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Audio Interface - Low Latency Performance : Part III :.

   

Its hard to believe that its been nearly 2 years since the last report of my ongoing adventures of trying to bring some clarity in regards to often misunderstood and continuing confusion over Low Latency Performance of the available audio interfaces on the market. For those that haven't read Part II as yet, it would be a good idea you do so before continuing on , as it will give you a solid grounding of the work so far.

So whats happened in the last 2 years, well we have made some headway in improving the driver performance available to end users on some interfaces , whether it is ever acknowledged as being a direct result of the work here is another matter. There has been a growing awareness of the importance of the driver performance for those requiring greater efficiency at the lower working latencies , which is all very positive. However its not all wine and roses , there are still new interfaces hitting the market with drivers that range from essentially non functioning, to barely workable, to average to O.K , which is something that is increasingly frustrating , and very disappointing , but not overly surising.

This will only be a short(er) summary, lets move on.

 

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Firewire / USB Controllers and Driver Performance - Redux:.    

In Part II I went into greater detail of the available OEM controllers and core drivers that many of the manufacturers employ to get the interfaces to market, as they simply do not have the R&D resources to develop their own in house.

This leaves the manufacturers at the mercy ( for want of a better word ) of the 3rd parties coding the core drivers , and the end results can vary a great deal across the driver providers, even for the same base OEM controller.

In most cases the manufacturers do little more than fine tune the integration with a custom mixer applet and their own GUI , but the core driver performance is dictated by the supplied 3rd party code.

 

I focused a fair amount of effort on the TC Applied Dice powered units in the last report, as it is one of the most widely used of the OEM FW controllers, and the drivers definately had some room for improvement. Being that both the controller and core driver is developed and supplied by the same developer ( unlike the USB varaints ) , it would make it at least easier to have a unified focus on what was required to improve the performance.

I was very happy to see with the release of the Version 4 driver that the performance had been improved substantially , to the point that it became one of the best performing FW interface combinations on the market.

 

Numerous manufacturers benefitted directly - Presonus, Focusrite, Makie, just to name 3.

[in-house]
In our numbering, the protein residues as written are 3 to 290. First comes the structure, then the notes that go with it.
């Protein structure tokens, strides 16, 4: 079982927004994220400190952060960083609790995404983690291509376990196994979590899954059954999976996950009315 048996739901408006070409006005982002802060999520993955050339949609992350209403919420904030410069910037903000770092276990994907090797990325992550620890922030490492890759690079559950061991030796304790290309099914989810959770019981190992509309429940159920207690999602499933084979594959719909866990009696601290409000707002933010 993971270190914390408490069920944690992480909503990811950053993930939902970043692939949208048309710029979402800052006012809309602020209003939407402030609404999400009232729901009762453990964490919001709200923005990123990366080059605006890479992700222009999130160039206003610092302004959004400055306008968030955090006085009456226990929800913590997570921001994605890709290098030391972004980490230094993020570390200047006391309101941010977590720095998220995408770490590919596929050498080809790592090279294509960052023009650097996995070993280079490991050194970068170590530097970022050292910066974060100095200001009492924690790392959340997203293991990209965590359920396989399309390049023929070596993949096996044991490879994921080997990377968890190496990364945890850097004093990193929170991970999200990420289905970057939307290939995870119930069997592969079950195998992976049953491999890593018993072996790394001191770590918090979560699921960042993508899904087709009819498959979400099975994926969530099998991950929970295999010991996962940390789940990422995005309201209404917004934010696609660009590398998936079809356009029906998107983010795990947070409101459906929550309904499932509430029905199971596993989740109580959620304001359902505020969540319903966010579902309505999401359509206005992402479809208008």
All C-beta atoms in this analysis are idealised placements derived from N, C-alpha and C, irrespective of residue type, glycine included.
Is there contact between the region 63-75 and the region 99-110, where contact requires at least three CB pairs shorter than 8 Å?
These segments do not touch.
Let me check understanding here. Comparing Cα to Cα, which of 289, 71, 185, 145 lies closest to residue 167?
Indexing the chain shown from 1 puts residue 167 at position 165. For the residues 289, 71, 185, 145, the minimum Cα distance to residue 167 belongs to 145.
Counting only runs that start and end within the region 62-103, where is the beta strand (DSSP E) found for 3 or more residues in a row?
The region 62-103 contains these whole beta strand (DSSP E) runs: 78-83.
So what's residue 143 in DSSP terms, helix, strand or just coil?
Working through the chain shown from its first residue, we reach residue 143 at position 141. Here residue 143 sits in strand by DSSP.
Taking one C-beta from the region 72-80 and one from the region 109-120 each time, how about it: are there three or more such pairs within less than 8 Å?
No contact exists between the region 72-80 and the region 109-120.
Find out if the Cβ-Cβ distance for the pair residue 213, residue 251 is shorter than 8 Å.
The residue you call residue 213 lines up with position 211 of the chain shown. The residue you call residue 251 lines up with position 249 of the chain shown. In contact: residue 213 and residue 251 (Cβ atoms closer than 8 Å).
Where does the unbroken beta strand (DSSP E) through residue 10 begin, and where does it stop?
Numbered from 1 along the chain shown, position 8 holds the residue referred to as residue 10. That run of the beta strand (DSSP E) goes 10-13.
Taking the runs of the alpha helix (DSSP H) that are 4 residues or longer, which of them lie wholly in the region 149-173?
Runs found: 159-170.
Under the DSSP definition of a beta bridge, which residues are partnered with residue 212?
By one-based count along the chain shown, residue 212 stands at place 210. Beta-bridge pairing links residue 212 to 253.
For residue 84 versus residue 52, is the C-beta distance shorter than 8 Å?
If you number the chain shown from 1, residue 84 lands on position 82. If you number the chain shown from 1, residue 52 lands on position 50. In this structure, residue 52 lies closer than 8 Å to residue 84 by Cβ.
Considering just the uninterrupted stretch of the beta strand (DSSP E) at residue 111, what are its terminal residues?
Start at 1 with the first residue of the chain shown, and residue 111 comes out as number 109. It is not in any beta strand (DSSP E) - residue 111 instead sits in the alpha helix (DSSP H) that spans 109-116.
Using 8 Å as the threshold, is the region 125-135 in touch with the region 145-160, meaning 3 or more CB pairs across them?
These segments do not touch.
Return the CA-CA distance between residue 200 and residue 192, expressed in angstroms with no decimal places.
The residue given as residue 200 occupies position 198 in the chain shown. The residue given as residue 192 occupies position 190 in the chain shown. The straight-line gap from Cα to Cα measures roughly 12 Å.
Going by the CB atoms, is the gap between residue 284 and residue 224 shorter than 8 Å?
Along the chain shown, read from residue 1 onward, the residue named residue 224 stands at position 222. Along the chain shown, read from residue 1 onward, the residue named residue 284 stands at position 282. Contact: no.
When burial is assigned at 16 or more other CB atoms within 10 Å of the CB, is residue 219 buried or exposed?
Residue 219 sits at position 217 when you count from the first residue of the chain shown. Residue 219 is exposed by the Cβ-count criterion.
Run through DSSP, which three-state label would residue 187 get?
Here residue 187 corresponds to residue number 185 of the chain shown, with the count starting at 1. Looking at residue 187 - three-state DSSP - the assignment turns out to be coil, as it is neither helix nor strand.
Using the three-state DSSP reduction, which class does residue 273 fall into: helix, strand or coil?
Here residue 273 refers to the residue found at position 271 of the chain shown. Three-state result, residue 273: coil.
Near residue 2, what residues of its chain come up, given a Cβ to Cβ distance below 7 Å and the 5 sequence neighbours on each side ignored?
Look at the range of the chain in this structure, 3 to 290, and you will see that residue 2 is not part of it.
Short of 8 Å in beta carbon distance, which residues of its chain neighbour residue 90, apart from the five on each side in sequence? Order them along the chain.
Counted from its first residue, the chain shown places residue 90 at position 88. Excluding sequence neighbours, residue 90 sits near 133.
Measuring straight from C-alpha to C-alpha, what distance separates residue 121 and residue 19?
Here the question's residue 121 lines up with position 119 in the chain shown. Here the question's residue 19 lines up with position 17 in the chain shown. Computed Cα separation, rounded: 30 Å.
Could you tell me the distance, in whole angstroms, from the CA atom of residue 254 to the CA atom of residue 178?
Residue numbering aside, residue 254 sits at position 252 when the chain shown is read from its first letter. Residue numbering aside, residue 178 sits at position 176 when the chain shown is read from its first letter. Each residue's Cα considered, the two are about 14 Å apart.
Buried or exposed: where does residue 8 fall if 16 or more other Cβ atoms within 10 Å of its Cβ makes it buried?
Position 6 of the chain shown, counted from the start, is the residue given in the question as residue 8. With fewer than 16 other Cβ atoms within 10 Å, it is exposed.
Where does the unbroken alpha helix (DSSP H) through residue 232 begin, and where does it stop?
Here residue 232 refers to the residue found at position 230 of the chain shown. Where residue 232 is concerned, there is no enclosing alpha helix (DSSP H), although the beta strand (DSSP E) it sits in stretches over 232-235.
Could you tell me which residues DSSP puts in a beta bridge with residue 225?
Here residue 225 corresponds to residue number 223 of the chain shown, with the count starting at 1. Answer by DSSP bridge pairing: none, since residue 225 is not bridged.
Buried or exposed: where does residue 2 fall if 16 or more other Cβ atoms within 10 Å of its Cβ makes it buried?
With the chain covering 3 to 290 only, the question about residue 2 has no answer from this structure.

Interestingly the focus now has moved away from FW to USB2 and to a smaller degree Thunderbolt ( with added confusion as some implementations are simply a FW/USB protocol using the TB connector and not native PCIe )

With the greater shift to USB2 , and the solutions being further complicated by not having a unified developer, as I noted earlier, we have taken one step forward and 2 steps backwards in some instances.

         

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LLP ( Low Latency Performance ) Rating & Data Base - May 2014 :.

Listed above is the current state of play for all of the interfaces tested so far.

Not too much has changed , PCIe interfaces still deliver the best overall LLP , with some notable mentions for FW interfaces with the TC Applied version 4 driver release, and USB2 performance ranging from exceptional to poor.

 

RME continue to maintain their consistency and exceptional LLP across all of the protocols, this is specifically due to their in house development of the controller and drivers at every stage. As noted earlier, the Dice FW powered interfaces have made a significant and well deserved jump up the rankings.

 

The USB2 interfaces are now taking more of the share of new releases in the market as Firewire becomes less prominent. This is a 2 edged sword IMO as the FW interfaces for the most part measurably better at at LLP now, and most USB2 offerings are not anywhere near reaching equivilent performance. RME being the only exception.

         
Conclusion - 36 Months On :

Looking back over the last 3 years since embarking on this project , there has been some definite positives, one being that raised awareness of the area of efficient low latency performance , and what to look for in regards to what the manufacturers are actually peddling when they use the terminology of "low latency" in their blurbs.

There have also been some negatives in regards to some encounters with certain developers who are absolutely clueless in regards to the whole area of LLP , and continue to deliver products on to the market with little concept of the actual end user requirements.


 

I understand that this can be very sensitive and even confronting especially if the developer is being challenged about a poorly performing driver , but I would think it was in their best interest to remain open and communicative , especially when time and energy is being offered to help and improve the driver.

I also understand that some do not have the direct resources at their disposal , but some of the excuses and dismissals I have encountered have been ridiculous, one notable being that the driver was within Microsoft specification, and as far as they were concerned that is all that is required.


 

With the rise in newer boutique interface manufacturers entering the market, some with claims of superior USB controller/driver integration , which have been more than a little, hmmm, grey , I can see this project still has some life in it yet.

Vin Curigliano
AAVIM Technology
May 28 2014

Part I | II |III

     

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